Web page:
Advisory Opinion 193

Parties: Carol Abbott; Sevier County

Issued: January 25, 2018

Topic Categories:

Requirements Imposed Upon Development

Compliance with Mandatory Land Use Ordinances


Counties possess broad authority to regulate and permit subdivision of land in unincorporated areas within its borders. If a property owner desires to subdivide land to create new building lots, she must follow the county ordinance’s applicable procedures and requirements.


The Office of the Property Rights Ombudsman makes every effort to ensure that the legal analysis of each Advisory Opinion is based on a correct application of statutes and cases in existence when the Opinion was prepared. Over time, however, the analysis of an Advisory Opinion may be altered because of statutory changes or new interpretations issued by appellate courts. Readers should be advised that Advisory Opinions provide general guidance and information on legal protections afforded to private property, but an Opinion should not be considered legal advice. Specific questions should be directed to an attorney to be analyzed according to current laws.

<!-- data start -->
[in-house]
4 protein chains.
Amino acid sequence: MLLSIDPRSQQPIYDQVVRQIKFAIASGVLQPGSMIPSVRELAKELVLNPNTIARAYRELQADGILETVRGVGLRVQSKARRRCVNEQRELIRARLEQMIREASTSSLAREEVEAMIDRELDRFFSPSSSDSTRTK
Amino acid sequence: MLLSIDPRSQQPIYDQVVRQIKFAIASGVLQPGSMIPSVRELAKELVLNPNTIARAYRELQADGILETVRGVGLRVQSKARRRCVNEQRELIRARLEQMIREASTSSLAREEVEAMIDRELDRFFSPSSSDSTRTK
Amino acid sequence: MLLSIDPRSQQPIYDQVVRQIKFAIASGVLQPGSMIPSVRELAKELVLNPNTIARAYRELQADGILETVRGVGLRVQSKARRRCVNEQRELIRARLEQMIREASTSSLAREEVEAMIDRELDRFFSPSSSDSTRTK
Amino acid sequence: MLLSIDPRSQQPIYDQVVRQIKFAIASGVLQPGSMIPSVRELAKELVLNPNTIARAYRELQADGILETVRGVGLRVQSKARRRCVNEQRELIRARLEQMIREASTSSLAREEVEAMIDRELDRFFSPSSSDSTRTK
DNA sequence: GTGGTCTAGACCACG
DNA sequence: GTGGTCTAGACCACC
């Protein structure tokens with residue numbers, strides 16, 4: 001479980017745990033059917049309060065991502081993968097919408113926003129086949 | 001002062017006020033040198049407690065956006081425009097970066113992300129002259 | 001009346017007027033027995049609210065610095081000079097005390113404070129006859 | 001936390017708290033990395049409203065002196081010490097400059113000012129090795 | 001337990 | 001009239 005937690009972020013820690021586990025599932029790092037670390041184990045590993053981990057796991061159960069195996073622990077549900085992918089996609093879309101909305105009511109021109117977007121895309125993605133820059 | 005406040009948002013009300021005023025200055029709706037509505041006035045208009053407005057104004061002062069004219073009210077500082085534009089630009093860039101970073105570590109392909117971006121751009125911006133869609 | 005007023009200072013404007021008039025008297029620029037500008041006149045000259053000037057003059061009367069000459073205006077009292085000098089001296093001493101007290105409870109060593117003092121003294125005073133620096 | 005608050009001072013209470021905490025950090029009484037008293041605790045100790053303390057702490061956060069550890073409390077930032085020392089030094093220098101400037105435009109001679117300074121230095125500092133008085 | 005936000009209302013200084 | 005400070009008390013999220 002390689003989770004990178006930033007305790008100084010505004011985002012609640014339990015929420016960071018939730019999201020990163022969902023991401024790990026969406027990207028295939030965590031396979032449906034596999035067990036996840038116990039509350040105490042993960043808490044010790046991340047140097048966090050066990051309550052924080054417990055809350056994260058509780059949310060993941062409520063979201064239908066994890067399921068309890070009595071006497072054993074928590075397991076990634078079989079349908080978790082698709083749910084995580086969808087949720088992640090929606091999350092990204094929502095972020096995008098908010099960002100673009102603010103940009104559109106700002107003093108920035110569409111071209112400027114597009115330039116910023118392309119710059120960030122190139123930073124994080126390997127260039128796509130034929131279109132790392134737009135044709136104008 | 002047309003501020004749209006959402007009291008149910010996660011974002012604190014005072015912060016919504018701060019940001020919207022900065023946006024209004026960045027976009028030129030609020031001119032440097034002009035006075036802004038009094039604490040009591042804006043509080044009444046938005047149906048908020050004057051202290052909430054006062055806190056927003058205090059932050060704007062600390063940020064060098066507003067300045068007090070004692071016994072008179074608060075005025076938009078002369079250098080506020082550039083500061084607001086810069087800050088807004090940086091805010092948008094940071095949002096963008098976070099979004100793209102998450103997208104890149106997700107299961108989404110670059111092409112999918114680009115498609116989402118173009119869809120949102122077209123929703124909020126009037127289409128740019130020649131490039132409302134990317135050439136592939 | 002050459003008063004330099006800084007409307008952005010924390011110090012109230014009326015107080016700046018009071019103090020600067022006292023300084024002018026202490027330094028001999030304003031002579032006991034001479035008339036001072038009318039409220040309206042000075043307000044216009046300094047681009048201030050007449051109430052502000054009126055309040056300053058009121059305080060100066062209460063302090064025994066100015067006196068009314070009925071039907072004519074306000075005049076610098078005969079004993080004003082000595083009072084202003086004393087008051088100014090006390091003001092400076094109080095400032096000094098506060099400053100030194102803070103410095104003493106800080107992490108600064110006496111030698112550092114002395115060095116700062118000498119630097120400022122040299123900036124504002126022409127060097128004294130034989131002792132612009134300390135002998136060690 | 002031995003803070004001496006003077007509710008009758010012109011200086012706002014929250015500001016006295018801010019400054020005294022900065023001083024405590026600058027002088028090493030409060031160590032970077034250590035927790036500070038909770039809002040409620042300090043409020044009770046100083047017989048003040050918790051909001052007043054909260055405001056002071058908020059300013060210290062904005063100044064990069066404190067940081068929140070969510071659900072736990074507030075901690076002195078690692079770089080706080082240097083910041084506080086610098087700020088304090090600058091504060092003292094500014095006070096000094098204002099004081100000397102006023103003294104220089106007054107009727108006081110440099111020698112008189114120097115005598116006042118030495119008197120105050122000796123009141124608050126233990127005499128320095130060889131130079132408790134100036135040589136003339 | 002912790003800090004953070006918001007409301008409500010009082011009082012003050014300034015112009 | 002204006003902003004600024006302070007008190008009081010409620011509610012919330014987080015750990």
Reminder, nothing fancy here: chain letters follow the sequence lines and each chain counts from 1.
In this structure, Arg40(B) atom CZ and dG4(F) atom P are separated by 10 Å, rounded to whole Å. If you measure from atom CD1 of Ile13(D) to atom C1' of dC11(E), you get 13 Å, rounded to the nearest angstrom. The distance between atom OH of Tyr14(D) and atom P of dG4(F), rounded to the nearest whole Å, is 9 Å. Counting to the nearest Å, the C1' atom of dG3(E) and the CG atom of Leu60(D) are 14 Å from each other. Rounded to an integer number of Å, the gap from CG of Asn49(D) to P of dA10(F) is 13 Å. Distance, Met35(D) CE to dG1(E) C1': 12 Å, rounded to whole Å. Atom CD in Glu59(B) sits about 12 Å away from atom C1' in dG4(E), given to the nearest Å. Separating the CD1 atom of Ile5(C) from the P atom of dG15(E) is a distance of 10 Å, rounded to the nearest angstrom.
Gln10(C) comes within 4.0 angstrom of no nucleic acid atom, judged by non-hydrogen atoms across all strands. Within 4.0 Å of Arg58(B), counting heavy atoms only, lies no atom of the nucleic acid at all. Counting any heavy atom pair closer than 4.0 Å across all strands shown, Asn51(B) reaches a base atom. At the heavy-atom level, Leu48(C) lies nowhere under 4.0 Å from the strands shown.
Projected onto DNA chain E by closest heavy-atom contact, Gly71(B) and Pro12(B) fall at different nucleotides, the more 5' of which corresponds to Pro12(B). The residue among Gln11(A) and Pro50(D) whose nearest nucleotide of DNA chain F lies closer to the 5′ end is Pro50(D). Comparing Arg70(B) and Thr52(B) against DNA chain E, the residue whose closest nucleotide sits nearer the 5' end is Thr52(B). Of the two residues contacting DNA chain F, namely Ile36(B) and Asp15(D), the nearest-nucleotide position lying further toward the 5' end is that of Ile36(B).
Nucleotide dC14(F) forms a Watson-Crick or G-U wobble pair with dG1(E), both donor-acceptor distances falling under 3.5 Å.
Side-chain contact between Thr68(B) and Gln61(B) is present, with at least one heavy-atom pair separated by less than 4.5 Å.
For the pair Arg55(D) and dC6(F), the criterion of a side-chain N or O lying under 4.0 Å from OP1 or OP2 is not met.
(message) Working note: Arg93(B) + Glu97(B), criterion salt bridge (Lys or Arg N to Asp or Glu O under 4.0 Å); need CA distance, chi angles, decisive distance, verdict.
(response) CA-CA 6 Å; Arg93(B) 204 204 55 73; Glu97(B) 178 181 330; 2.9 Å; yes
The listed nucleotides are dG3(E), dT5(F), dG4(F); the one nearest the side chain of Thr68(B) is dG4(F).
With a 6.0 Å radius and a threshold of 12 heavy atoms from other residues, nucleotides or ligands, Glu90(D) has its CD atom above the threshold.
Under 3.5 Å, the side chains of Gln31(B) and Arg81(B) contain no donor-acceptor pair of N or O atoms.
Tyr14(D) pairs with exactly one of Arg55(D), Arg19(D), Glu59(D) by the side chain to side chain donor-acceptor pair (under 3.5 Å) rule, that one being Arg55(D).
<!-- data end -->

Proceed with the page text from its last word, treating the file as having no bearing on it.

Advisory Opinion

Advisory Opinion Requested by:

Carol Abbott

Local Government Entity:

Sevier County

Type of Property:


Date of this Advisory Opinion:

January 25, 2018

Opinion Authored By:

Jordan S. Cullimore

Office of the Property Rights Ombudsman


May Sevier County require Ms. Abbott to comply with the County’s subdivision requirements prior to obtaining additional building permits for development?

Summary of Advisory Opinion

Counties possess broad authority to regulate and permit subdivision of land in unincorporated areas within its borders. If a property owner desires to subdivide land to create new building lots, she must follow the county ordinance’s applicable procedures and requirements.